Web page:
Hacking Linux Exposed





previous article
next article
Secure Passwordless Logins with SSH Part 1
By Bri Hatch.

Summary: How to create passwordless logins to allow remote administration tasks securely with SSH

Many of my past newsletters have detailed configuration setups that required you to be able to execute commands on remote machines without interactively supplying a password. The next few articles will help show how you can set up such a system.

In general, your passwordless SSH needs fall into three categories:

Interactive Administrator Access
An administrator may want to be able to 'ssh destination' and log in without a password between the many machines she maintains.

Triggered Commands
Some commands may be triggered by other events. For example you may set up your CVS system to run a 'sync_website' command whenever the tree is committed which will update a local copy and run 'wmk -a' and then scp the html files to the actual webserver. Or perhaps you want your /etc/tinydns/root/data file to be automatically rsync'd when you make changes to your DJBDNS files.

Say you want to have certain directories copied to a remote system as poor-man's backup system using scp or rsync. Or perhaps you want to push /etc/passwd and /etc/shadow to all your machines from the master server, rather than run NIS, LDAP, or other real-time password syncing options.

There are many different ways you may implement passwordless access via SSH.

Host-based authentication
This authentication system allows an administrator to create trust between machines. If machine "foo" trusts machine "bar" then when a user "jdoe" at bar tries to ssh to foo, he is able to log into jdoe@foo without any password.[1] This is ideal for lab environments where a user should be allowed to log into all machines. Only root can set this up, by creating entries in /etc/ssh/shosts.equiv and making sure all the necessary host keys are in /etc/ssh/ssh_known_hosts.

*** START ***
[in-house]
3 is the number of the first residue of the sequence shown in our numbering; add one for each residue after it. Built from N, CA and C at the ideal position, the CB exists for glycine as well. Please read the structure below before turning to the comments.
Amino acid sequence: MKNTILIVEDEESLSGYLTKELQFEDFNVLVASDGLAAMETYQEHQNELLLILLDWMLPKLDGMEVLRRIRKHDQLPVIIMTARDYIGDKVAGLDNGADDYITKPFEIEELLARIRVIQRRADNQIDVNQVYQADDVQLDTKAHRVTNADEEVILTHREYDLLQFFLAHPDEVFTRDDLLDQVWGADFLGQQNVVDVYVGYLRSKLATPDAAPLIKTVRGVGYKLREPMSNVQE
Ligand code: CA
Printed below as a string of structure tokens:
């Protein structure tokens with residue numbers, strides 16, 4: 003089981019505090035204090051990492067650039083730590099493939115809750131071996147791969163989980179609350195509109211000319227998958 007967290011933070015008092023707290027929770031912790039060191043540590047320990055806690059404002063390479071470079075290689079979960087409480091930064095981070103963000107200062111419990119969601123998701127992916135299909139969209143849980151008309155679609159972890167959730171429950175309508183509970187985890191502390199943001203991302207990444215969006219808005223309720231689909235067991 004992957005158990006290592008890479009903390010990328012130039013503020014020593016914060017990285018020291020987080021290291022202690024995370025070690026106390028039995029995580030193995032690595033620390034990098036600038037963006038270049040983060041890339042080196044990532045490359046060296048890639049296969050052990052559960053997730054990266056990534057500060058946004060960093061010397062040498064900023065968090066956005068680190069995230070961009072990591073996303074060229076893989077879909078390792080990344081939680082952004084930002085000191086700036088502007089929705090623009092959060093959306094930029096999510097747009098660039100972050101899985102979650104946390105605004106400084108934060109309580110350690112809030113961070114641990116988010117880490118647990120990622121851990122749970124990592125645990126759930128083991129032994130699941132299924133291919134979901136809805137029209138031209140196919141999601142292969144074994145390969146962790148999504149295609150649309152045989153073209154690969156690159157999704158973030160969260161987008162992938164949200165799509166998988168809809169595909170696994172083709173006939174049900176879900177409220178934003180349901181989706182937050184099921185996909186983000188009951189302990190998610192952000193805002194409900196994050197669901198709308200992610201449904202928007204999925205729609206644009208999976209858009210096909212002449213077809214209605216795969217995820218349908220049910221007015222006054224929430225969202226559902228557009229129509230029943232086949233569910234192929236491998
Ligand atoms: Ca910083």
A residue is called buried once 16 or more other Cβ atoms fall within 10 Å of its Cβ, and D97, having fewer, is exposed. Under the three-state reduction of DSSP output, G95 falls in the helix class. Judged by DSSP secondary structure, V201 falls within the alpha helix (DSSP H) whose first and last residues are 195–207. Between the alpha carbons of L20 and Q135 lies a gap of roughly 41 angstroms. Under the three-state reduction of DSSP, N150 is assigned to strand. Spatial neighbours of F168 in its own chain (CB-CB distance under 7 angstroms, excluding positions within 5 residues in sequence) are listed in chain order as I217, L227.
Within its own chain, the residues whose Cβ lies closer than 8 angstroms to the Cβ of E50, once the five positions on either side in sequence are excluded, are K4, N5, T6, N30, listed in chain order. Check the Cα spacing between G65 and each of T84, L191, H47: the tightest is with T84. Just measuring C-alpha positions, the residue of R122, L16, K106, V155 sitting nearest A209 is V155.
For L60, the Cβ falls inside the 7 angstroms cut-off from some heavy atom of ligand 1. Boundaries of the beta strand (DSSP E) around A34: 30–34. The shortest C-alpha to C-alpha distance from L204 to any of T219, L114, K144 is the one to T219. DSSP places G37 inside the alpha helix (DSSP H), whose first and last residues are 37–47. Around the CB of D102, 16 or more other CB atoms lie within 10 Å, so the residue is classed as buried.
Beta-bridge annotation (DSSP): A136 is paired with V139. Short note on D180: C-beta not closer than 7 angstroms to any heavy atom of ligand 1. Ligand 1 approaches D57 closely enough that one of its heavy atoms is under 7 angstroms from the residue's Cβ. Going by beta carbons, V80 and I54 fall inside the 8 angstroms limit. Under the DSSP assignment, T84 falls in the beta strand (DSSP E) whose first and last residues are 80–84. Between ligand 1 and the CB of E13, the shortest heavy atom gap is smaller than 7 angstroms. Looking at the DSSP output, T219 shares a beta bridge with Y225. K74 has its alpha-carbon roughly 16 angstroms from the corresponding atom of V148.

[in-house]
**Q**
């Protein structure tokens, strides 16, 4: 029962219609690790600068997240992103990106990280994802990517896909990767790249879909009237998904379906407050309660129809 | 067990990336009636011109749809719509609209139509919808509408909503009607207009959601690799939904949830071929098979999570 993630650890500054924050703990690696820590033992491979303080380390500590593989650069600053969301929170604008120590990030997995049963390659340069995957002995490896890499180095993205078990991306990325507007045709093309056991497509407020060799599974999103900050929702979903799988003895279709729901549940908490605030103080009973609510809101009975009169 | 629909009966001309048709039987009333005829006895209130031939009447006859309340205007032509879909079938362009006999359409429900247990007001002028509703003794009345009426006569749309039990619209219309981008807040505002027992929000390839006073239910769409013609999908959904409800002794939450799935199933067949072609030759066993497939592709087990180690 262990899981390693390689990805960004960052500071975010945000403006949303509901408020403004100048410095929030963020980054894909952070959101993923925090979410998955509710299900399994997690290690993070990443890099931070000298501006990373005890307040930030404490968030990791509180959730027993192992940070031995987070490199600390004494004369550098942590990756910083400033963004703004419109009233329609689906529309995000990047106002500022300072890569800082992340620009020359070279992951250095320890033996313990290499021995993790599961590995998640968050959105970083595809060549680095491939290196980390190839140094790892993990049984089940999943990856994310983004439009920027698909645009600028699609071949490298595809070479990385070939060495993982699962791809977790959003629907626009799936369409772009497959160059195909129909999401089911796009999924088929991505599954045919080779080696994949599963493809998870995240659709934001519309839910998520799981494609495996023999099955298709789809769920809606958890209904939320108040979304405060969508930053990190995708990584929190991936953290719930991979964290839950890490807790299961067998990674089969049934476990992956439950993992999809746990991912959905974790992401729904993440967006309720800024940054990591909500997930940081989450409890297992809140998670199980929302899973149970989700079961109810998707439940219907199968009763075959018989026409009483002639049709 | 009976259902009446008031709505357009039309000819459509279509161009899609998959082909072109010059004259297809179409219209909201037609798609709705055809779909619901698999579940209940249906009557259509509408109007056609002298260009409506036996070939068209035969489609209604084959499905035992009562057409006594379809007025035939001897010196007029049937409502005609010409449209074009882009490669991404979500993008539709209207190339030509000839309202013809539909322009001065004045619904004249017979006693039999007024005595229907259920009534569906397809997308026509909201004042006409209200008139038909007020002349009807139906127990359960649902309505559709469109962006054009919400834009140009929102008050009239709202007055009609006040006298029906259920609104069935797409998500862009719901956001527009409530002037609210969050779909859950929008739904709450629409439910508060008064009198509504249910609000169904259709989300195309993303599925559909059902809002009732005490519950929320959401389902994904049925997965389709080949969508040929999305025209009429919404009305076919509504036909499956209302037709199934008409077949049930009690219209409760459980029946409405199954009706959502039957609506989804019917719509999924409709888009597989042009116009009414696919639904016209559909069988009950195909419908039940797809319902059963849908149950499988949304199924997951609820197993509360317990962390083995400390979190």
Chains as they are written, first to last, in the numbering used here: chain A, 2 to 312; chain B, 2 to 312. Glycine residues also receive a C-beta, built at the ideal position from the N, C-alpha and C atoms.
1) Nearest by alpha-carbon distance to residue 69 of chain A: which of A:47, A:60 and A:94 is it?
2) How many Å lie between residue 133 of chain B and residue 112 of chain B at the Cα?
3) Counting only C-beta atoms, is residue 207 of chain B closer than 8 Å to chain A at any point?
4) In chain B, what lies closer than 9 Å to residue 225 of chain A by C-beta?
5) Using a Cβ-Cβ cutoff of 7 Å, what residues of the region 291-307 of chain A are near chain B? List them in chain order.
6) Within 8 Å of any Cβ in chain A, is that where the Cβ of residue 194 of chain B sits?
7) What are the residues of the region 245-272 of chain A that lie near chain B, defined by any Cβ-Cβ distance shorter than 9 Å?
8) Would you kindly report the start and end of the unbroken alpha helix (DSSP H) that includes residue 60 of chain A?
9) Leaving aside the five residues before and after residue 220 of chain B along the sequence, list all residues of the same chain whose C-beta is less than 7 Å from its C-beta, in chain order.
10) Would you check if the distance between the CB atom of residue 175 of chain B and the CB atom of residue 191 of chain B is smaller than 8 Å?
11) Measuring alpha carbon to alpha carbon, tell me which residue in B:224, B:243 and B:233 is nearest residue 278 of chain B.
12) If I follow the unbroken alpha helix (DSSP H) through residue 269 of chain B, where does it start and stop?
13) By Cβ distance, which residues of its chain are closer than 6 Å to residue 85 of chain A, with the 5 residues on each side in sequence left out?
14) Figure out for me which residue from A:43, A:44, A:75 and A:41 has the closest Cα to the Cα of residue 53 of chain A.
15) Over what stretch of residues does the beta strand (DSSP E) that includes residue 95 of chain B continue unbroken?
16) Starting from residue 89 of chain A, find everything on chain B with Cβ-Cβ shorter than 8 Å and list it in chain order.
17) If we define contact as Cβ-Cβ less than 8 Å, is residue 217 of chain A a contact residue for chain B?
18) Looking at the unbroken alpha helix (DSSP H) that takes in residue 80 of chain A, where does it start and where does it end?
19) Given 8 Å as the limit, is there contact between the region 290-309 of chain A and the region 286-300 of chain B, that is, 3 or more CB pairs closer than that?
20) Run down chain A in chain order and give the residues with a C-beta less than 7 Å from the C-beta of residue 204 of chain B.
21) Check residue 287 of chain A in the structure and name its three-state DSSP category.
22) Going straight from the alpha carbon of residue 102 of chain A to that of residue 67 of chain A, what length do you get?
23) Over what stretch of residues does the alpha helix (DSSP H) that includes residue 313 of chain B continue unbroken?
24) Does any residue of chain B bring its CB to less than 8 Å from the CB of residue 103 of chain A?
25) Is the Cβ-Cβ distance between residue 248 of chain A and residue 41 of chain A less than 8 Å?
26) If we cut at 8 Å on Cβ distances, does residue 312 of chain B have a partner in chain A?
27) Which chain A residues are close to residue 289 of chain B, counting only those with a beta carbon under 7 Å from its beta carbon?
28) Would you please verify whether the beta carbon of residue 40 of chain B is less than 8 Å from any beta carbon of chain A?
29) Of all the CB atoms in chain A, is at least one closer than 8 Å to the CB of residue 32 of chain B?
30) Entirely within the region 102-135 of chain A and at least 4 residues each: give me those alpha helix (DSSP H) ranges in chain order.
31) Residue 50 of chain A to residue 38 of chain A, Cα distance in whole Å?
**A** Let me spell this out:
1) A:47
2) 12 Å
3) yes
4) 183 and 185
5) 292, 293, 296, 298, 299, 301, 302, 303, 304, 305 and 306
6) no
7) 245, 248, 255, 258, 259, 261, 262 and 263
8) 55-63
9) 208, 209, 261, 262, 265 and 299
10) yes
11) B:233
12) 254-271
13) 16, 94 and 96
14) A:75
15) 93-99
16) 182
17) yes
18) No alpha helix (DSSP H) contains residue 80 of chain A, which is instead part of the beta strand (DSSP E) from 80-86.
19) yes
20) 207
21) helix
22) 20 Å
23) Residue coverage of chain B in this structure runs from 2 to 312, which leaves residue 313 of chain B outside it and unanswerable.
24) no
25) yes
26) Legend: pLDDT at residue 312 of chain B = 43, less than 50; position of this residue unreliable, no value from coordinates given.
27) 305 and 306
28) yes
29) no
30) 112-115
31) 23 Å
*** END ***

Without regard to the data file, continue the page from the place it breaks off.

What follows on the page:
Shosts/rhosts-based Authentication
In this scenario, a user on foo lists the username/host pairs that should be granted passwordless access. For example jdoe@foo may allow john_doe@my_isp.net to connect without a password. This style of trust can be enabled by the user directly[2].

Root can also enable a similar user-based system-wide passwordless access setup using /etc/ssh/shosts.equiv.[3]

Identity-based Authentication
In this scenario, an account specifies which public/private key pairs should be allowed to connect, and can place various restrictions on the access granted depending on the key in question.

The first two options are the most general, and quickest to set up. They intentionally do not allow root logins, but have few other useful restrictions. You can get plenty of information about creating this kind of passwordless access by reading the sshd man page, as well as the SSH faq[3]

Identity-based authentication, on the other hand, can be very finely controlled. For example you can

  • restrict which machine(s) can connect with that identitiy
  • place variables into the process' environment
  • disable port, agent, or X11 forwarding
  • permit only certain host/port forwarding requests
  • prevent TTY allocation
  • force a specific program to be run, regardless of what command the user specified

It is that last item that can be the most useful. The end goal of this project is to allow a remote account to log into this machine and run only approved commands. Then we'll try a few examples that you may find helpful in the real world.

Next week I'll give a quick overview of setting up SSH identities in general, before we delve into our command restrictions.


[1] There's a lot more that goes on behind the scenes. The ssh process on "bar" must prove it is bar by answering a challenge from foo. Foo needs to have the public portion of bar's ssh host key in order for this to work.

[2] Of course, the administrator must allow this form of authentication in the /etc/ssh/sshd_config file.

[3] Using hostnames with /etc/ssh/shosts or /etc/rhosts is almost always not what you want -- it lets that remote user log in as any local user. (Except root)

[4] http://www.onsight.com/faq/ssh

Bri Hatch is Chief Hacker at Onsight, Inc and author of Hacking Linux Exposed and Building Linux VPNs. He's been using SSH to secure his remote logins since Tatu posted the first version of the code - even if the administrators of those machines refused to install it for him. Bri can be reached at bri@hackinglinuxexposed.com.

Copyright Bri Hatch, 2002

This is the December 11, 2002 issue of the Linux Security: Tips, Tricks, and Hackery newsletter. If you wish to subscribe, visit http://lists.onsight.com/ or send email to Linux_Security-request@lists.onsight.com.

previous article
next article